This was the new beginning for D&D. It may have been season 19 of D&D Encounters, but this was the first adventure that used the official new 5e rules so in a way it was like season 1 again. We had high expectation for 5e, especially after participating in the D&D Next playtest for so long, and we had high hopes for the first adventure that used the new rules. It was a lot of fun and there were plenty of memorable encounters at the tables I ran.
Today I’m going to take a long, hard look at Hoard of the Dragon Queen. I’m going to identify the good and the bad and then judge it on its merits. Was it a good adventure? Did it work as a season of D&D Encounters? Read on and find out.
On Friday we comb through our extensive archives to find an older article that we feel deserves another look. From July 20, 2011, Dungeon’s Master once again presents: Eenie, Meennie, Mini.
I wasn’t a fan of minis until 4e came along. The introduction of very tactical combat made the conversion easy. I enjoy the different perspective that a large mini represents on the battlefield, how lines of sight might be affected and how the battle in general unfolds. Of course it has also led to several members of the Dungeon’s Master team to develop rather large collections of minis. Which is all to my benefit as a player and DM.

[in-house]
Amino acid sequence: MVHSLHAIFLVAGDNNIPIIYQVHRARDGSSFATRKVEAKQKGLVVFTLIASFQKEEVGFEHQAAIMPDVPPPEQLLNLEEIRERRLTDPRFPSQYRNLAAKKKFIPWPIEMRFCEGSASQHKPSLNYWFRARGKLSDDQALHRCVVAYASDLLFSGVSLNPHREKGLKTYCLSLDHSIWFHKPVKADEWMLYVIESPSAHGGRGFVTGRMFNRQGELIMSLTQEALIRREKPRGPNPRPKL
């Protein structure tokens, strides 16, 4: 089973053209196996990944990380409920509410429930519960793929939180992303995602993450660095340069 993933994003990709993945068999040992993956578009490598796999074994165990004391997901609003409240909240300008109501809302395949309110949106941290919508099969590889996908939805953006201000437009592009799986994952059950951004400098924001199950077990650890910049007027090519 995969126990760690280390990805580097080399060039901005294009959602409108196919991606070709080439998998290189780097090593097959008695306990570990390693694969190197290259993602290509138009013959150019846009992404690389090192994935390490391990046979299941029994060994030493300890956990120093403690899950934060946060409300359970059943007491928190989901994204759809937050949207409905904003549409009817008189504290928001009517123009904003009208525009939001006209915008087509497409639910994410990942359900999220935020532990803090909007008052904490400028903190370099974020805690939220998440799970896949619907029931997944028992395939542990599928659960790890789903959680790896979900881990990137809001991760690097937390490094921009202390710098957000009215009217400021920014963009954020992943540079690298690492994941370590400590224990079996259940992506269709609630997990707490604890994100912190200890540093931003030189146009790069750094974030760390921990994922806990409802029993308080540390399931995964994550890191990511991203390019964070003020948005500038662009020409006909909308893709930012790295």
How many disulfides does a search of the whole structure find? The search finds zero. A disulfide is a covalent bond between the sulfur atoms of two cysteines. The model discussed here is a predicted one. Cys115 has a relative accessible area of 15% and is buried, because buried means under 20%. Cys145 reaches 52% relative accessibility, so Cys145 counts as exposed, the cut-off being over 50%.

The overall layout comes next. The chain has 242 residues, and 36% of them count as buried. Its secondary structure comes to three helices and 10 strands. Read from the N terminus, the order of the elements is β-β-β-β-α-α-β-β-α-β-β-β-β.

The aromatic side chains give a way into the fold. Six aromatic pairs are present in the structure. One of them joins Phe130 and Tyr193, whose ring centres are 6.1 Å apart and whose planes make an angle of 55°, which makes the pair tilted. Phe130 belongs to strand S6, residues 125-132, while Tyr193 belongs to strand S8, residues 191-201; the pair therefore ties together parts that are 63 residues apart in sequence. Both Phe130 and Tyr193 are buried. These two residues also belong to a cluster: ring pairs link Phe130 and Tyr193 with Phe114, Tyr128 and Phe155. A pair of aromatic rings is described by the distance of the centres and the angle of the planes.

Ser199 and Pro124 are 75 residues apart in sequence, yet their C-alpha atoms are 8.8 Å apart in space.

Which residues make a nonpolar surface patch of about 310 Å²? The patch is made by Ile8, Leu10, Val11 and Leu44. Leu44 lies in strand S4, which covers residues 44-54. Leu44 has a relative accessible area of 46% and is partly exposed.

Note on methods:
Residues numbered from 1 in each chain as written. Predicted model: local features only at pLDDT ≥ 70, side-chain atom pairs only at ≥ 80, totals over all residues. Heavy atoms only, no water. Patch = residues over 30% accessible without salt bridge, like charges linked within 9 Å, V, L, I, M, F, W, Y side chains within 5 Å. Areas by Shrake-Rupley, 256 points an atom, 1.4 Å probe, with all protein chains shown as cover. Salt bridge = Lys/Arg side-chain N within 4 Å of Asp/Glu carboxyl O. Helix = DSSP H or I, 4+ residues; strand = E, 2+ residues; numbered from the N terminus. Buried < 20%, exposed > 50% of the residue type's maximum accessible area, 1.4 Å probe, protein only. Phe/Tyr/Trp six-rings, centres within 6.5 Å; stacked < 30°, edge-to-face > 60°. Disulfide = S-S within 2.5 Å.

One of the questions I’m constantly debating is whether to use a mini that matches the monster they player’s are fighting. Now let me clear up that last statement. If the players are fighting a dragon, a beholder or a giant I use the appropriate mini. The dragon might not be the right colour, thought that’s usually not a problem, but the mini at least represents the monster.
Where I’m less specific is with humanoid combatants. My half-orc’s might look like humans, and my minotaurs might look like elves. As long as I have a mini on the table I’m usually satisfied.